“We want to put a swing over the Waikato River but we know the river is special to iwi, so we need to consult on that concept first.”

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Pet owners could talk to their vets about CBD, marijuana products under Michigan House-passed bill

Products promising to alleviate a beloved pet’s pain with CBD oil or THC have long been available to consumers – but Michigan veterinarians are currently operating in a legal gray area when talking about those products with pet owners.

Many Michigan lawmakers are hoping to change that. This week, a bill that would let veterinarians consult with pet owners about the use of marijuana or industrial hemp products for their animals passed the Michigan House unanimously.

Rep. Greg Markkanen, R-Houghton, sponsored the bill after learning from veterinarians in his district that while clients often have questions about how products containing CBD or THC could affect their pet’s health, state law doesn’t explicitly allow veterinarians to discuss the pros and cons of the products with pet owners.

Veterinarians also aren’t technically allowed to initiate discussions about whether a pet has been exposed to marijuana – which experts say can pose problems for treating animals, as THC can interact with other medications or cause medical issues in the event of an accidental overdose.

“We must make sure our veterinarians are able to have open and honest conversations with people about using products containing CBD oil and marijuana to care for their pets,” Markkanen said in a statement following the passage of his bill.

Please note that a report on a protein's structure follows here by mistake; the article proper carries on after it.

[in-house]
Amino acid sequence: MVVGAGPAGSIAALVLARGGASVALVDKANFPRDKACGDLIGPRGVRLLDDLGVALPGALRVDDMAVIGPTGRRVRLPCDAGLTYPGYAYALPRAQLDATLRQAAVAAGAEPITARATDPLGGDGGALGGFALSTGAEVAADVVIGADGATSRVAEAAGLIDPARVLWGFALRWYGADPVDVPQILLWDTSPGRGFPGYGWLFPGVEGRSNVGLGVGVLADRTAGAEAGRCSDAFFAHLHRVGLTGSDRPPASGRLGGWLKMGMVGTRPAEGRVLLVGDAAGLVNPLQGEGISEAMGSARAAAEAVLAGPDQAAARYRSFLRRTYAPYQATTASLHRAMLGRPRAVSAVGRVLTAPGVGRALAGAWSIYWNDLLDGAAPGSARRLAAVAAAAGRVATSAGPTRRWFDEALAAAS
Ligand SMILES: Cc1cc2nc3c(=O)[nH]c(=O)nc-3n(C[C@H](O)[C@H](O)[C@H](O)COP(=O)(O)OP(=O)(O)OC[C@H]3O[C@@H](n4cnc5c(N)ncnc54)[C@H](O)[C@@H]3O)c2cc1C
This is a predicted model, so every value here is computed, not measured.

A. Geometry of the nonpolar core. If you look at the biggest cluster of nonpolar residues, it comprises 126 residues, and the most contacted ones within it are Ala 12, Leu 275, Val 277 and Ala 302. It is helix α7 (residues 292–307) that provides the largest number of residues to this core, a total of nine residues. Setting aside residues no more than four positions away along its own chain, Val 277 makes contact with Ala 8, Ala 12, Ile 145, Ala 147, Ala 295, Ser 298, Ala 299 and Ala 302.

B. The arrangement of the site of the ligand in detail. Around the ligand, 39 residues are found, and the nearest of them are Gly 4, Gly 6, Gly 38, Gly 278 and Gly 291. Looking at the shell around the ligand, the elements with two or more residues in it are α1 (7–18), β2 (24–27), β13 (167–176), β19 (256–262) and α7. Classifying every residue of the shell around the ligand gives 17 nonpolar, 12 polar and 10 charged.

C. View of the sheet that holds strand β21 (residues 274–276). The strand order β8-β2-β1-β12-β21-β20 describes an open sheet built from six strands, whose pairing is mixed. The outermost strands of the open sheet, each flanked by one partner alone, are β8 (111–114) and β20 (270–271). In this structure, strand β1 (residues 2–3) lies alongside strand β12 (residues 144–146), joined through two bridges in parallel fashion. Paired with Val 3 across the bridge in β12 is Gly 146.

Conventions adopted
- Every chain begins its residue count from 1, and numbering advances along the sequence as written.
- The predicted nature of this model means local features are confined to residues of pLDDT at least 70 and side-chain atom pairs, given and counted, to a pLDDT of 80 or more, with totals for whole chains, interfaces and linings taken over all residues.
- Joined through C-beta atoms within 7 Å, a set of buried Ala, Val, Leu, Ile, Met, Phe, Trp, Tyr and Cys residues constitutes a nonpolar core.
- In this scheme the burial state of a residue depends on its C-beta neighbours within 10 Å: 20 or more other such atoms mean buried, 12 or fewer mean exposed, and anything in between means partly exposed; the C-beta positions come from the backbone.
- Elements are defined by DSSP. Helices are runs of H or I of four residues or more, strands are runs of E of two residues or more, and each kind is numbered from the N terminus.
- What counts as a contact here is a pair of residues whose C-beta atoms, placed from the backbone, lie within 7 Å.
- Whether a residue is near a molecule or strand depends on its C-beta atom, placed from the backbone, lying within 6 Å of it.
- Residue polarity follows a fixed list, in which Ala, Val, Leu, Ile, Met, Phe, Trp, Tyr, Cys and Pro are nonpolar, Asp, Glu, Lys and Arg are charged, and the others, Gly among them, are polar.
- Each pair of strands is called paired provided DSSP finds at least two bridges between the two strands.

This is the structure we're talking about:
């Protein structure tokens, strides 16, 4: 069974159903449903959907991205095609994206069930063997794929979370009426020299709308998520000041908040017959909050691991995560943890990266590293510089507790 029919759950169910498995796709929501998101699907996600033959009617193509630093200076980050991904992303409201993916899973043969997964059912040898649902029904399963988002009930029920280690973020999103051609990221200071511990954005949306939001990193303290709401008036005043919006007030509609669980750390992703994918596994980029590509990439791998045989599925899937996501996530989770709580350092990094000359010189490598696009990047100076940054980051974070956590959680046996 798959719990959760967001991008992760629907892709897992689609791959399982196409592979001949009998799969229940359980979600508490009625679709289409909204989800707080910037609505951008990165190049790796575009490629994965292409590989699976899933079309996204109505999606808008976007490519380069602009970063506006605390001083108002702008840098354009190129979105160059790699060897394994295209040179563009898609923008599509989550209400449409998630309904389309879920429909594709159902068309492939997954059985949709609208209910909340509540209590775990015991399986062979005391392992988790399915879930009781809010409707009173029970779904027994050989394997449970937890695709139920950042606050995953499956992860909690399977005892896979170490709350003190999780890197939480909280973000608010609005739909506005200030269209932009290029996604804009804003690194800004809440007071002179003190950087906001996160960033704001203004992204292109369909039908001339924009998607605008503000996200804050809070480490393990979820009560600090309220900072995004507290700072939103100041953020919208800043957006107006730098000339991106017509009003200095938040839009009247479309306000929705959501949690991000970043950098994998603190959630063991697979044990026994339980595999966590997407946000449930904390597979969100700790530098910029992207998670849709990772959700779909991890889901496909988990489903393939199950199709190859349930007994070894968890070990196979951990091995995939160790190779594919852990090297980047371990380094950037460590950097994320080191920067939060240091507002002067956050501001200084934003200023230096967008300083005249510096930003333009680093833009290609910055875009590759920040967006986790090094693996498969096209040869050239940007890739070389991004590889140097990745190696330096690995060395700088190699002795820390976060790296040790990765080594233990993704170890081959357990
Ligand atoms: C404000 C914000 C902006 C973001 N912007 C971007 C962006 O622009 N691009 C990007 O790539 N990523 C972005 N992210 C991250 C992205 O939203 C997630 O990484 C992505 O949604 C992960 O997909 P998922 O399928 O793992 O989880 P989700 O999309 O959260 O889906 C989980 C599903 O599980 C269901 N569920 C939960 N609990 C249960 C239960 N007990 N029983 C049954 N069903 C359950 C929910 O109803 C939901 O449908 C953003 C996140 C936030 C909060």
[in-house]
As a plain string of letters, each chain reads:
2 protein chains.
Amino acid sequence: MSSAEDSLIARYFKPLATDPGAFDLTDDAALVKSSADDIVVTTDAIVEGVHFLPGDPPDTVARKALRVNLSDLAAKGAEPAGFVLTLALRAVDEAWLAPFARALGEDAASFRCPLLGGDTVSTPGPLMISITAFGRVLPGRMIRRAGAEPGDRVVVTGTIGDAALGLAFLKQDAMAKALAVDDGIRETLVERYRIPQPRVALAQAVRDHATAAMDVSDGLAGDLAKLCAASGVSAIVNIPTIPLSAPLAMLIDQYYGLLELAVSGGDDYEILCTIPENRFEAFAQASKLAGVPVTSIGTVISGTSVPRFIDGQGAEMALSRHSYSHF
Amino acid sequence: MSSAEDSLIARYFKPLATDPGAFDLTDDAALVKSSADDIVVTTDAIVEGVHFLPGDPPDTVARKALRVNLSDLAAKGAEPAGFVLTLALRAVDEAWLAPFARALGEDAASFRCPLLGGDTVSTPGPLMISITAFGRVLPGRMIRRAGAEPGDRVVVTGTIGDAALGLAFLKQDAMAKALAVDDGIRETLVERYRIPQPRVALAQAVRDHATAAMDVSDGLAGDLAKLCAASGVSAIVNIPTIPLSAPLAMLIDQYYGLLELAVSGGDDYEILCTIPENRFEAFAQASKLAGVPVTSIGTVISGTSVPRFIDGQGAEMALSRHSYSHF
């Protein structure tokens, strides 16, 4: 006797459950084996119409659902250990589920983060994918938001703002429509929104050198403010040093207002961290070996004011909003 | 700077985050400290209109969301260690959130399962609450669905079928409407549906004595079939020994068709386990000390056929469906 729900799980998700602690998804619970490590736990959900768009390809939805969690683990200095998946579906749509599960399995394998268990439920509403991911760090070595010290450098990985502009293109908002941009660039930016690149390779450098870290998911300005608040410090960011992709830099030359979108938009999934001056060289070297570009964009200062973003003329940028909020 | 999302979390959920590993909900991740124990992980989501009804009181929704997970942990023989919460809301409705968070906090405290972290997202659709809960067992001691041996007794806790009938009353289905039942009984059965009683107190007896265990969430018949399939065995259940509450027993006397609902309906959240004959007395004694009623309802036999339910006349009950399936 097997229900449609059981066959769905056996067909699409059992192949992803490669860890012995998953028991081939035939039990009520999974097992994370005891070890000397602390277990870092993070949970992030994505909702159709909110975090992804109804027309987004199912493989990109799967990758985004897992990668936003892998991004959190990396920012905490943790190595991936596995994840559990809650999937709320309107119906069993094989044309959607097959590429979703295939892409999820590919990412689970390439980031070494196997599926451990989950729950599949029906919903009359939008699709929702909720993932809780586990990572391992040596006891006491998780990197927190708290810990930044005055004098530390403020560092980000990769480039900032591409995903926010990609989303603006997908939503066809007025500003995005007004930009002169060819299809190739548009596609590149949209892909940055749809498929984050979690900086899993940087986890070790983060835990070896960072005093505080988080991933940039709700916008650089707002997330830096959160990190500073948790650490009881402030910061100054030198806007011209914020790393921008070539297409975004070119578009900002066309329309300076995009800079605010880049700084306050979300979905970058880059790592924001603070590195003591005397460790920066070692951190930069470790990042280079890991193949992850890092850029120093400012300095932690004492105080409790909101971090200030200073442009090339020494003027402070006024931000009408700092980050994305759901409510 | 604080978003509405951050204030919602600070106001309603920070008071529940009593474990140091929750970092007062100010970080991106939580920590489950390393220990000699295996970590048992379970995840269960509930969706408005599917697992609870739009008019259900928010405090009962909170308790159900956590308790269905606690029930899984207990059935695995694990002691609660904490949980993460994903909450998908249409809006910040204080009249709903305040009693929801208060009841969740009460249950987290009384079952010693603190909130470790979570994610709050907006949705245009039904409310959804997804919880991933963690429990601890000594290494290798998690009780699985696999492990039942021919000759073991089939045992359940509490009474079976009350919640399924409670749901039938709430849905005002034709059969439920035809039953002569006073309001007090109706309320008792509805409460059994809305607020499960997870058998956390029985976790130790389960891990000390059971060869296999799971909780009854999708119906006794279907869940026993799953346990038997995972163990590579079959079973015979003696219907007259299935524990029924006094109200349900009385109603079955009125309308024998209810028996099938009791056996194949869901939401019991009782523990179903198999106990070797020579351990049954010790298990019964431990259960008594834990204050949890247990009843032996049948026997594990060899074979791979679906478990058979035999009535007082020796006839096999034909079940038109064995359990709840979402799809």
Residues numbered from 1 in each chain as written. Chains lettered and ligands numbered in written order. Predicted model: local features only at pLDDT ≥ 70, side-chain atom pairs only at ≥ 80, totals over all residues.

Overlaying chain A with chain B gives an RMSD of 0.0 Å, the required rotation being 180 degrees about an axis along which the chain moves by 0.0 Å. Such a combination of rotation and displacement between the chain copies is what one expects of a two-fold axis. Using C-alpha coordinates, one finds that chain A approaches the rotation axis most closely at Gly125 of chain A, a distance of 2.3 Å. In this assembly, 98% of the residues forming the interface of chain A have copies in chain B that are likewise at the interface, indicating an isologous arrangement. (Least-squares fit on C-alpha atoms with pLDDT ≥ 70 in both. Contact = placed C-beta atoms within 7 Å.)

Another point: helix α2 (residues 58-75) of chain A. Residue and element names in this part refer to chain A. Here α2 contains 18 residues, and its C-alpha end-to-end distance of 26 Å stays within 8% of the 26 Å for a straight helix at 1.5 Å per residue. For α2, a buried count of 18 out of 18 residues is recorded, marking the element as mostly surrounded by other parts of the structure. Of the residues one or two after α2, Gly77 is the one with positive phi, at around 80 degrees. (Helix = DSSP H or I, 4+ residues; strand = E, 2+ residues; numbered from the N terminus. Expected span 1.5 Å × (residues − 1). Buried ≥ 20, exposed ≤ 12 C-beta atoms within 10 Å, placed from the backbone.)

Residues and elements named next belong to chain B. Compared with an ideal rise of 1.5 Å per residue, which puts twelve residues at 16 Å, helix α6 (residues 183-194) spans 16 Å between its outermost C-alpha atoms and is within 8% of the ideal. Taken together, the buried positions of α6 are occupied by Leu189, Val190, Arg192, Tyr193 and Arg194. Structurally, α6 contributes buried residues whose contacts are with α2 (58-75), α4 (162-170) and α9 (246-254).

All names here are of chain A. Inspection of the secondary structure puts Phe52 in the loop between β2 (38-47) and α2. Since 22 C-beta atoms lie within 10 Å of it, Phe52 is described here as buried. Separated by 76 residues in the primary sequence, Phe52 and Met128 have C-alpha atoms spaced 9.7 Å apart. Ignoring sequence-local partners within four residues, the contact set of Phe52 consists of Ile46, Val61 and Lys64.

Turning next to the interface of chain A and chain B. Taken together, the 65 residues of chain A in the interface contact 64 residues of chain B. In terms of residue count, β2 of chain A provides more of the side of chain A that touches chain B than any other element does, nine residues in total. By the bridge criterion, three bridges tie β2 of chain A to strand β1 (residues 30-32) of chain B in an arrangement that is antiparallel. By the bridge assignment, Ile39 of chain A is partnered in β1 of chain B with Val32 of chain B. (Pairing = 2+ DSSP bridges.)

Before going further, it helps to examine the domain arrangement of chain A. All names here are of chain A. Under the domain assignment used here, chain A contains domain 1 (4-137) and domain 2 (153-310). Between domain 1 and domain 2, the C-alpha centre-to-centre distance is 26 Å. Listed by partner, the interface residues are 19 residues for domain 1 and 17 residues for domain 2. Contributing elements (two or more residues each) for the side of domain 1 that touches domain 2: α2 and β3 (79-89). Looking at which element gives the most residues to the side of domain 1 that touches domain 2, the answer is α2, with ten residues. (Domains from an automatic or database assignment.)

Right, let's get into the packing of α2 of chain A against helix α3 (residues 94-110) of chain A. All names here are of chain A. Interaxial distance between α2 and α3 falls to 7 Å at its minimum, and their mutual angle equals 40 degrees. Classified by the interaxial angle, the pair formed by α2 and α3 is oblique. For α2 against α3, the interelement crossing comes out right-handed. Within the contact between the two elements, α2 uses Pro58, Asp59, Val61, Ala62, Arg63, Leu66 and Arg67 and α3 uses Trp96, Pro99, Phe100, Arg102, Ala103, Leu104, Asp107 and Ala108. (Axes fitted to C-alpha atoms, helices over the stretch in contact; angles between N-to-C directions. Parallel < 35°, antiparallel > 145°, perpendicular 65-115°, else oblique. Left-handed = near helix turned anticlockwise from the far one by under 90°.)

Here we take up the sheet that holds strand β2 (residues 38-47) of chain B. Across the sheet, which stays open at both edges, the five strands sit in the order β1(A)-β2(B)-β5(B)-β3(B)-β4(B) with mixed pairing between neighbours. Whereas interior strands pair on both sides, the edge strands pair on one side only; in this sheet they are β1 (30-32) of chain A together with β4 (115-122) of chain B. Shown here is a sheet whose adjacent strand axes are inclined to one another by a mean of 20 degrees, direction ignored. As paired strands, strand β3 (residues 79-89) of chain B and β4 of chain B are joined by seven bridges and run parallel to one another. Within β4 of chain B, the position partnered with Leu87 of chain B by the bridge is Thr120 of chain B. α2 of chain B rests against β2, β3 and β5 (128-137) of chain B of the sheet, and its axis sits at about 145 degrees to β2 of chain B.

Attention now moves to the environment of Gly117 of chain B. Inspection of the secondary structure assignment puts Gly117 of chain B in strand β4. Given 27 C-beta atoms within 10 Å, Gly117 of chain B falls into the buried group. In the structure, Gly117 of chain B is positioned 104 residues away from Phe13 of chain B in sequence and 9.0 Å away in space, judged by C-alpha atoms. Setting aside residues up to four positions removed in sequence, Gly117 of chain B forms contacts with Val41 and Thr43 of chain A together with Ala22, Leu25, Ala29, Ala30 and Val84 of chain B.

In January, the House Agriculture Committee heard from veterinarians that the law could help lead to better information and research about appropriate uses and side effects for animals, and also help pet owners get trusted medical advice on the products instead of having to research it on the internet.

“Without the correction, it holds our hands behind our backs in properly advocating what would be proper for their pet,” Dr. Kellie Holmstrom, a Marquette veterinarian who helped inspire the legislation, previously told lawmakers.

Michigan has allowed medicinal marijuana use since 2008, and hemp and recreational marijuana were legalized in 2018. CBD, or cannabidiol, is a hemp-derived extract that can be added to oils and lotions and is used as a natural remedy for anxiety, insomnia, depression and pain.

Sales of CBD pet products have increased rapidly throughout the country, increasing from $8 million in 2017 to $32 million in 2018, according to the Brightfield Group. The firm estimates the CBD pet market could reach $1.16 billion nationwide by 2022.

The legislation, House Bill 5085, is now before the Michigan Senate. It would need to pass the Senate and be signed by Gov. Gretchen Whitmer to become law.

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Michigan veterinarians want authority to discuss CBD, marijuana products with pet owners

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The CBD pet market could reach $1.16 billion in the U.S. by 2022.